Congress Rebuffs White House Plan To Boost Airline Security Fees

A White House proposal of increasing security fees by $1.5 billion or more has been rejected by lawmakers.


A White House proposal to boost airline security fees by at least $1.5 billion a year is being systematically rejected by lawmakers and has virtually no chance of becoming law this year.

The latest, and most likely fatal, blow to the White House proposal is language opposing new fees in a report accompanying a Senate bill to fund the Department of Homeland Security (DHS) for fiscal year 2006. The full Senate could vote on the bill any day, and there is no indication the language opposing a fee increase will be stripped out.

A congressional source speaking on the condition of anonymity said the White House proposal is "dead in the water this year."

The Senate bill funding DHS - and the accompanying report against a fee increase - was approved by the Senate Appropriations Committee on June 16. The move followed several explicit actions by the House to derail the White House proposal. The airline industry has been arguing that raising airline security fees at this time could tip financially ailing carriers into bankruptcy reorganization or liquidation. Members of Congress apparently have been listening. Jenny Manley, a spokeswoman for the Senate Appropriations Committee, said it is possible a senator could offer an amendment during floor debate favoring the increased security fees. But such an amendment probably would not be approved, she said.

The White House wants to raise the security fee on a typical one-leg ticket from $2.50 one way to $5.50. For passengers traveling multiple legs on a one-way trip, the fee would increase from the current maximum of $5.00 to $8.00. The White House estimated that fee collections would rise from $2.652 billion this year to $4.1 billion in 2006, a difference of $1.5 billion. House and Senate lawmakers examining the White House plan believe this may be a conservative estimate and say airlines and their passengers may have to pay about $1.68 billion more a year in fees.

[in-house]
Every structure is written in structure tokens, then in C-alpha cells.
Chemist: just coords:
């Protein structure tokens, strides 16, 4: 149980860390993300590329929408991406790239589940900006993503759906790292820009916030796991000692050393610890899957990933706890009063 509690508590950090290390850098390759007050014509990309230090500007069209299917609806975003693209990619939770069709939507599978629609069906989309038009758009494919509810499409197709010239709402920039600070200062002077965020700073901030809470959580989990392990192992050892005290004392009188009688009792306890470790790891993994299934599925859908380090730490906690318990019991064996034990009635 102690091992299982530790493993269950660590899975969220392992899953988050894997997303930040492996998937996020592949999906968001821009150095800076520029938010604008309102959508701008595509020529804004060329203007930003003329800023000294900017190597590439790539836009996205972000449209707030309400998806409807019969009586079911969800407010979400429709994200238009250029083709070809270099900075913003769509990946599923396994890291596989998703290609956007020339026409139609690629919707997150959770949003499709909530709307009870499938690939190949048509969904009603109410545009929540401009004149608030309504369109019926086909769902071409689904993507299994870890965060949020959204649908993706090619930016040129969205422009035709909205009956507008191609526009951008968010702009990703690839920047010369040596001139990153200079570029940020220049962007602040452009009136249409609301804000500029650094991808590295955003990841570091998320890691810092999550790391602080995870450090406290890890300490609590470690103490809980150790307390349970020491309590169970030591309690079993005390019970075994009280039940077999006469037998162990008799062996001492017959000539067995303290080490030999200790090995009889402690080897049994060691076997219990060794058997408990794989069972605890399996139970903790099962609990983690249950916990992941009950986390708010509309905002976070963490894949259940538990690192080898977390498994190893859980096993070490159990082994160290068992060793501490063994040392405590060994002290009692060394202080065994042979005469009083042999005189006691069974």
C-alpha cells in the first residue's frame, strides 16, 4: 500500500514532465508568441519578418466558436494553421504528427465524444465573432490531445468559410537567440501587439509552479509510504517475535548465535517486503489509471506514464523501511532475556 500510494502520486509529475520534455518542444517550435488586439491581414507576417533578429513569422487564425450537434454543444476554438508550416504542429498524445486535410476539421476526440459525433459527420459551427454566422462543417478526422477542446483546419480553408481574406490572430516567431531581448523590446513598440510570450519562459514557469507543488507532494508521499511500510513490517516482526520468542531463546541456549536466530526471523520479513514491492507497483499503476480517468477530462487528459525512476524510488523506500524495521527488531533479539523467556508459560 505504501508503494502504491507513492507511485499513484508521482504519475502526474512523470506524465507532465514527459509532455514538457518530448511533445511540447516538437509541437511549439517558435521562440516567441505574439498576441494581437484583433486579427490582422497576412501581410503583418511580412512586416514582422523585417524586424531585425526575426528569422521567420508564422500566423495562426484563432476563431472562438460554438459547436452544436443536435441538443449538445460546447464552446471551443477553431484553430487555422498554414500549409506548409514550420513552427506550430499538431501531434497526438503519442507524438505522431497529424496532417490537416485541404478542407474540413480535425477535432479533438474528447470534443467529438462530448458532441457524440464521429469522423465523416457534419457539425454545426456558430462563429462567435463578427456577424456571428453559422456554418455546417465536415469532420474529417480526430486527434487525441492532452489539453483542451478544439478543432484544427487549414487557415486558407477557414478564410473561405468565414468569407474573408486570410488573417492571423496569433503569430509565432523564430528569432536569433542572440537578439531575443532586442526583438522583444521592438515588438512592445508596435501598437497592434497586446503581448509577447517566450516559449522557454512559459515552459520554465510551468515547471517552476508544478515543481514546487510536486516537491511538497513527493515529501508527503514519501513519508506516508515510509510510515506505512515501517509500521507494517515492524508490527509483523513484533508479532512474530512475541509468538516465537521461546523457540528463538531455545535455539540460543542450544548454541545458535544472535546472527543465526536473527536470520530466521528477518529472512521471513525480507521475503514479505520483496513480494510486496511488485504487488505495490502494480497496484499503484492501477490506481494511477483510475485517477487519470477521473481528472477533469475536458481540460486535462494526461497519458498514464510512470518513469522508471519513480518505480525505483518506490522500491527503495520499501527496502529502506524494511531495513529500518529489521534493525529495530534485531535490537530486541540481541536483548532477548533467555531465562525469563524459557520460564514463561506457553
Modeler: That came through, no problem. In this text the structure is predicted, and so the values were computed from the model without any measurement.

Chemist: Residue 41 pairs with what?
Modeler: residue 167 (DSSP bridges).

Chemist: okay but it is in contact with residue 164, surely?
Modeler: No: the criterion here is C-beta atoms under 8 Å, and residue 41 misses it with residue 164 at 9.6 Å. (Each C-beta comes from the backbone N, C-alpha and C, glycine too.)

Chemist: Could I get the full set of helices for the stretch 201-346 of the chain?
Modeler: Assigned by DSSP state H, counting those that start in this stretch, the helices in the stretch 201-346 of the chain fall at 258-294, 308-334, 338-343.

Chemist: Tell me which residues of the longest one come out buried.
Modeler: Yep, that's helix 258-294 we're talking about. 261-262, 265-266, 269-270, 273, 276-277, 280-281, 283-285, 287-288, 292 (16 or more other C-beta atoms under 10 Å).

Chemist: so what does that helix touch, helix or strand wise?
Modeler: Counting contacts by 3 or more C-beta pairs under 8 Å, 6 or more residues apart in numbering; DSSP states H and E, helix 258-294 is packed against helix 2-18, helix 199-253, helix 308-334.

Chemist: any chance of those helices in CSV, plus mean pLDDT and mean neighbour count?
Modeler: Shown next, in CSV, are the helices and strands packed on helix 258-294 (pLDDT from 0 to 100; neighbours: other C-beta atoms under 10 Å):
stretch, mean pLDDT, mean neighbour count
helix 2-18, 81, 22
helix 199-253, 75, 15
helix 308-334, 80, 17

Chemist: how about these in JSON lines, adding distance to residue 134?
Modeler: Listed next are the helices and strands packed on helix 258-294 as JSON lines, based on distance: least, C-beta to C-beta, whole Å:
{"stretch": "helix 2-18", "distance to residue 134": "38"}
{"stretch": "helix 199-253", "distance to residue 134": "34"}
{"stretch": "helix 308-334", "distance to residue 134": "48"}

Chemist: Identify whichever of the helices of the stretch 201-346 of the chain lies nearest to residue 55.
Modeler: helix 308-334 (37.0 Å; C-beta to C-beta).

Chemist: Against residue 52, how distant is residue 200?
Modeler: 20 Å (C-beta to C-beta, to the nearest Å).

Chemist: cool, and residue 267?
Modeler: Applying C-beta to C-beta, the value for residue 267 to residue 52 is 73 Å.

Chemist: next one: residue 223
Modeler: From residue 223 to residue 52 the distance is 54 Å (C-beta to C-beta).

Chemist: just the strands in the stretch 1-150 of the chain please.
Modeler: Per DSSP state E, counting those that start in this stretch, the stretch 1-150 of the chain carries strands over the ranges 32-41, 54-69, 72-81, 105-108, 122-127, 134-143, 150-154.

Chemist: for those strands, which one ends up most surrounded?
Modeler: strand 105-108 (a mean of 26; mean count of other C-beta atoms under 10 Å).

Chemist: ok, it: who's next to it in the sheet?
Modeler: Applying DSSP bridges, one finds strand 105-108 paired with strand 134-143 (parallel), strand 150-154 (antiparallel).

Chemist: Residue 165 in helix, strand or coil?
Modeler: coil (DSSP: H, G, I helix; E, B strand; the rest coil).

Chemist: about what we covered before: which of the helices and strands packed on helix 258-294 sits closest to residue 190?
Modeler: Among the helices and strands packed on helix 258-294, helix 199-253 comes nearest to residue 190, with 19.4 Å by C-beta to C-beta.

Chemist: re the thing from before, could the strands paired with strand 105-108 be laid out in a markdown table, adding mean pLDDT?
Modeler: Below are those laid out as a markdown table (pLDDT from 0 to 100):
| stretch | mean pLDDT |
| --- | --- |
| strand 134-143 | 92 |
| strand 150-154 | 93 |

Senate Clear In It's Rejection

The Senate bill to fund DHS is very clear about its rejection of the White House proposal. In its accompanying report (109-83), members of the Appropriations Committee said "the President's fiscal year 2006 budget proposes a legislative proposal, as a general provision to the appropriations legislation, to increase passenger aviation security fees to generate an estimated additional $1,680,000,000 in offsetting collections, which the Committee has not included."

This is the very sentiment expressed by two DHS funding bills approved by the House in May. One bill, H.R. 1817 authorized DHS funding and the other bill, H.R. 2360, appropriated the money.

The House bill authorizing the money included an amendment against the White House fee proposal that passed by a wide margin, 363-65. The amendment, now Section 519 of H.R. 1817, said "none of the funds authorized" for DHS may be "derived from an increase in security service fees. . . ."

The DHS appropriations bill approved by the House is similar. A report (109-79) accompanying the bill is very explicit. It says: "The Committee cannot support the budget request to increase passenger security fees by $3.00, raising the fee from $2.50 to $5.50 on the first leg of each flight and retain the $2.50 charge for a second leg if the passenger is connecting. While the fee increase was proposed as a General Provision in the President's fiscal year 2006 appropriations request, amending existing aviation security law falls under the jurisdiction of the Homeland Security Committee. Until the authorizing Committee passes legislation to enact this fee increase, this Committee is unwilling to adopt this budget proposal."

The groundswell of congressional opposition to the White House fee proposal began with yet another committee, the House Budget Committee. It expressed its displeasure with the fee increase in a report accompanying a budget resolution capping discretionary spending.

The final blow to the White House plan will come when the full Senate approves the DHS appropriations bill.

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